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Career competencies 

Developing skills for future career success

One of the many terms that you'll likely come across during your working life is "career competency." Career competencies are the skills required to successfully perform a job. 

Until now, “career readiness” has been hard to define, which made it difficult for leaders in higher education, workforce development, and public policy to work together effectively to ensure the career readiness of today’s graduates. 

The National Association of Colleges and Employers (NACE), through a task force of select professionals,  identified eight competencies associated with career readiness.


Top 8 Career Competencies:

Critical Thinking/Problem Solving

Oral/Written Communications

Teamwork/ Collaboration

Digital Technology

Leadership Skills

Professionalism/Work Ethic

Career Management/Self-Awareness

Global/Intercultural Fluency



What's Your Plan?

Work with your alumni career counselor and develop a realistic plan to improve your skill-set. The   Individual Development Plan (IDP)   is designed for alumni to clarify and create a career development action plan. Use this resource to help stay on track as you build and improve skills employers are seeking. This plan is meant to be revisited and flexible while you accomplish your SMART goals. Small steps and greater awareness make a big difference!

Develop Career Competencies

1. Critical Thinking/Problem Solving: Exercise sound reasoning to analyze issues, make decisions, and overcome problems. The individual is able to obtain, interpret, and use knowledge, facts, and data in this process, and may demonstrate originality and inventiveness.

2. Oral/Written Communications: Articulate thoughts and ideas clearly and effectively in written and oral forms to persons inside and outside of the organization. The individual has public speaking skills; is able to express ideas to others; and can write/edit memos, letters, and complex technical reports clearly and effectively.

3. Teamwork/Collaboration: Build collaborative relationships with colleagues and customers representing diverse cultures, races, ages, genders, religions, lifestyles, and viewpoints. The individual is able to work within a team structure, and can negotiate and manage conflict.

4. Digital Technology: Leverage existing digital technologies ethically and efficiently to solve problems, complete tasks, and accomplish goals. The individual demonstrates effective adaptability to new and emerging technologies.

5. Leadership: Leverage the strengths of others to achieve common goals, and use interpersonal skills to coach and develop others. The individual is able to assess and manage his/her emotions and those of others; use empathetic skills to guide and motivate; and organize, prioritize, and delegate work.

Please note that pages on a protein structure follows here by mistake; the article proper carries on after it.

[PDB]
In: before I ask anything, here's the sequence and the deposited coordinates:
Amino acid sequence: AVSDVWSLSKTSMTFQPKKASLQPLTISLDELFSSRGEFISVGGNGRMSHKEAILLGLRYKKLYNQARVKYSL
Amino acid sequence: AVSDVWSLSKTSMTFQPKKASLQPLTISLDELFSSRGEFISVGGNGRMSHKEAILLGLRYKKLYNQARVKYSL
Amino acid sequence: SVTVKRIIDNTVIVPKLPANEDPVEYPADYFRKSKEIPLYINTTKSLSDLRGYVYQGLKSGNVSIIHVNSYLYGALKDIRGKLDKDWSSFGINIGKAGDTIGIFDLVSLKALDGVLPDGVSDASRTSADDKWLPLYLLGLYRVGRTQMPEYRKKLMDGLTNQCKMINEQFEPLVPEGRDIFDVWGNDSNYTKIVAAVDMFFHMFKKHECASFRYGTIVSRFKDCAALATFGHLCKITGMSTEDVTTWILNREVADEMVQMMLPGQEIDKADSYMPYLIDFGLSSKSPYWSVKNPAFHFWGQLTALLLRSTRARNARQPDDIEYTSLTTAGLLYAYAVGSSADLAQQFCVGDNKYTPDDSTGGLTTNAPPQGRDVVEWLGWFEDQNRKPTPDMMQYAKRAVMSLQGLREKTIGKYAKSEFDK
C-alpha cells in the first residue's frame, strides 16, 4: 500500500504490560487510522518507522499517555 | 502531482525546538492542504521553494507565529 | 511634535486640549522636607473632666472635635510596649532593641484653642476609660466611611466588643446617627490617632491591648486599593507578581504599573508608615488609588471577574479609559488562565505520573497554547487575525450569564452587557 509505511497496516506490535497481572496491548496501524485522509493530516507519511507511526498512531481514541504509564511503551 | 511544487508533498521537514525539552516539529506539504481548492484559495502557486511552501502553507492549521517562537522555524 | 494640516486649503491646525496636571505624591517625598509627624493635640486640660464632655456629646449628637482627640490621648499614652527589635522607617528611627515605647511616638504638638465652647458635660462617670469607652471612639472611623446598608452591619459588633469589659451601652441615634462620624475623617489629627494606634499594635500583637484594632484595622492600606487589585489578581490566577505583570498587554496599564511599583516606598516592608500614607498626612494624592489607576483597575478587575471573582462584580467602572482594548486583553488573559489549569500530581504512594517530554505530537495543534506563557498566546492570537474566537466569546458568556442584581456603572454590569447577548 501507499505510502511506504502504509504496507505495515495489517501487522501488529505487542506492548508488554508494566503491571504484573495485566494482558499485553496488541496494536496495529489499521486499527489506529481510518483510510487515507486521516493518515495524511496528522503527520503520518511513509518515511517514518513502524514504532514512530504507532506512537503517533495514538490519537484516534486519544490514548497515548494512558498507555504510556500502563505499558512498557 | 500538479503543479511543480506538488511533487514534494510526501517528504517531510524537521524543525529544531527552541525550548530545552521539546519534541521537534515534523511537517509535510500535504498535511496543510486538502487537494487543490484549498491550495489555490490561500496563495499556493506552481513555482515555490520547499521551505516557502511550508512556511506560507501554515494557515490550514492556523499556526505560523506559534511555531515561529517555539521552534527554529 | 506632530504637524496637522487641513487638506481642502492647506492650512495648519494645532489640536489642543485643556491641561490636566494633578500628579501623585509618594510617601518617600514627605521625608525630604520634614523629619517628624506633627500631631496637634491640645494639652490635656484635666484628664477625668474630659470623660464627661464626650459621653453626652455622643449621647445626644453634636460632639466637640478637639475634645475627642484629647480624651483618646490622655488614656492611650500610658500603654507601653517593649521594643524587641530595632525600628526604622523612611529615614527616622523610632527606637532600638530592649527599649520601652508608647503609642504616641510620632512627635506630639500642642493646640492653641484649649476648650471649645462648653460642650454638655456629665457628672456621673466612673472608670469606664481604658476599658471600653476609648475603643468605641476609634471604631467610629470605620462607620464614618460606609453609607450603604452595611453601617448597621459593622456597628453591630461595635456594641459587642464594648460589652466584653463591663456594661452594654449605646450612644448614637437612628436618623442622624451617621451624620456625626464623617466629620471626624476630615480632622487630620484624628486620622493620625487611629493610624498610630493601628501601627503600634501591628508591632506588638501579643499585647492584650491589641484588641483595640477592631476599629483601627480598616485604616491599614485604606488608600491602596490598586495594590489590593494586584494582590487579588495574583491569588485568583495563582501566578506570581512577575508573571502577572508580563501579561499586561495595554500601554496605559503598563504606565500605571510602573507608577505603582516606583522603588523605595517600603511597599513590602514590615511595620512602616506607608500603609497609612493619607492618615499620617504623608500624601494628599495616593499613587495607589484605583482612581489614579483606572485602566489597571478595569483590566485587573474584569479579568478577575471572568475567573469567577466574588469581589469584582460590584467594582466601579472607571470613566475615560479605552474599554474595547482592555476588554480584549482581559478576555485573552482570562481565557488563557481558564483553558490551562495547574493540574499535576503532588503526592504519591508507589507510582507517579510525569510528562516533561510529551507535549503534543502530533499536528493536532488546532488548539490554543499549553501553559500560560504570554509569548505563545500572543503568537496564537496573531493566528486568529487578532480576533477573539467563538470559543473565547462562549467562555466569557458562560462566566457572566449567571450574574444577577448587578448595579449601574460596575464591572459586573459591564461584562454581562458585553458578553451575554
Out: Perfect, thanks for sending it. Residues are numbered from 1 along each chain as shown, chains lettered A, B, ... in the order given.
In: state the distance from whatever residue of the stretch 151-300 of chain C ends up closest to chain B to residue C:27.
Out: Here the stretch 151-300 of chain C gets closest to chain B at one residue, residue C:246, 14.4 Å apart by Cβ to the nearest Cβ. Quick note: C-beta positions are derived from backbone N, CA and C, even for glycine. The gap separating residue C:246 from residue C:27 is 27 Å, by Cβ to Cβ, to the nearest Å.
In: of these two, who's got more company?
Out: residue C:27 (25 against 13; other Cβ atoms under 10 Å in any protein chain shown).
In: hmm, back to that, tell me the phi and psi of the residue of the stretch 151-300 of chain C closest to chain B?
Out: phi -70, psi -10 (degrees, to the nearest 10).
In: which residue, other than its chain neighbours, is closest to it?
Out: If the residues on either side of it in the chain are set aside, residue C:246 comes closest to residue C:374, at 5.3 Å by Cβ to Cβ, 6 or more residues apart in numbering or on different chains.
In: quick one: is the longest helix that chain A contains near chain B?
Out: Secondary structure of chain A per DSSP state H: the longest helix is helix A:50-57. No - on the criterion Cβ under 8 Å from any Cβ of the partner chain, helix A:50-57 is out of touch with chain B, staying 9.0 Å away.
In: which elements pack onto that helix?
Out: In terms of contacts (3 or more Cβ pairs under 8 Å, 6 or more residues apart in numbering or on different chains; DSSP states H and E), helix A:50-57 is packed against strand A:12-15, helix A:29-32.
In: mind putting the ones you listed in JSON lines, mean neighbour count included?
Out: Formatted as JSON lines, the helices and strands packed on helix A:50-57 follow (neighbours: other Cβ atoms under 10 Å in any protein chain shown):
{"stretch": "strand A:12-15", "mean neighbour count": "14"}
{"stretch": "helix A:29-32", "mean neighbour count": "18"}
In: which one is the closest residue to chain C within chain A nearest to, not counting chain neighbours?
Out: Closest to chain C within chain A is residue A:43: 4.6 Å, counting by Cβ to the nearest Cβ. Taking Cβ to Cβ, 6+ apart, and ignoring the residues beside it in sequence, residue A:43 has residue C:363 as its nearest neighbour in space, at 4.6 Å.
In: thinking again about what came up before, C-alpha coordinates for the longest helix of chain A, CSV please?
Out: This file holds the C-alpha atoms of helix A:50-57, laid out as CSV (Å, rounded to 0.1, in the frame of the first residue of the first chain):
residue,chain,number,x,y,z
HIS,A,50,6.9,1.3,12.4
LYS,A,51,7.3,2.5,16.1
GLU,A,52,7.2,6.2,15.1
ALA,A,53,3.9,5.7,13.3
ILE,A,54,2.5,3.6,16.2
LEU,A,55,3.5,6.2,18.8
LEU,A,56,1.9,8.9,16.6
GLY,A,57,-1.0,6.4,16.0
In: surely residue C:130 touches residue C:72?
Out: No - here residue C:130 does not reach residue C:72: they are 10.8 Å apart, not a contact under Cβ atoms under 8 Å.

6. Professionalism/Work Ethic: Demonstrate personal accountability and effective work habits, e.g., punctuality, working productively with others, and time workload management, and understand the impact of non-verbal communication on professional work image. The individual demonstrates integrity and ethical behavior, acts responsibly with the interests of the larger community in mind, and is able to learn from his/her mistakes.

7. Career Management/Self-Awareness: Identify and articulate one's skills, strengths, knowledge, and experiences relevant to the position desired and career goals, and identify areas necessary for professional growth. The individual is able to navigate and explore job options, understands and can take the steps necessary to pursue opportunities, and understands how to self-advocate for opportunities in the workplace.

Each topic below is designed to explain its importance to your career development, provide more in-depth information, offer questions to reflect on and further apply in your life, and suggest additional resources to enhance learning.

8. Global/Intercultural Fluency: Value, respect, and learn from diverse cultures, races, ages, genders, sexual orientations, and religions. The individual demonstrates, openness, inclusiveness, sensitivity, and the ability to interact respectfully with all people and understand individuals’ differences.


**Sources include the National Association of Colleges & Employers (NACE), Michigan State University, University of Illinois at Urbana-Champaign, Hart Research Associates, CareerBuilder, US News & World Report, World Future Society, American Society for Training & Development and the U.S. Department of Labor, Mindtools.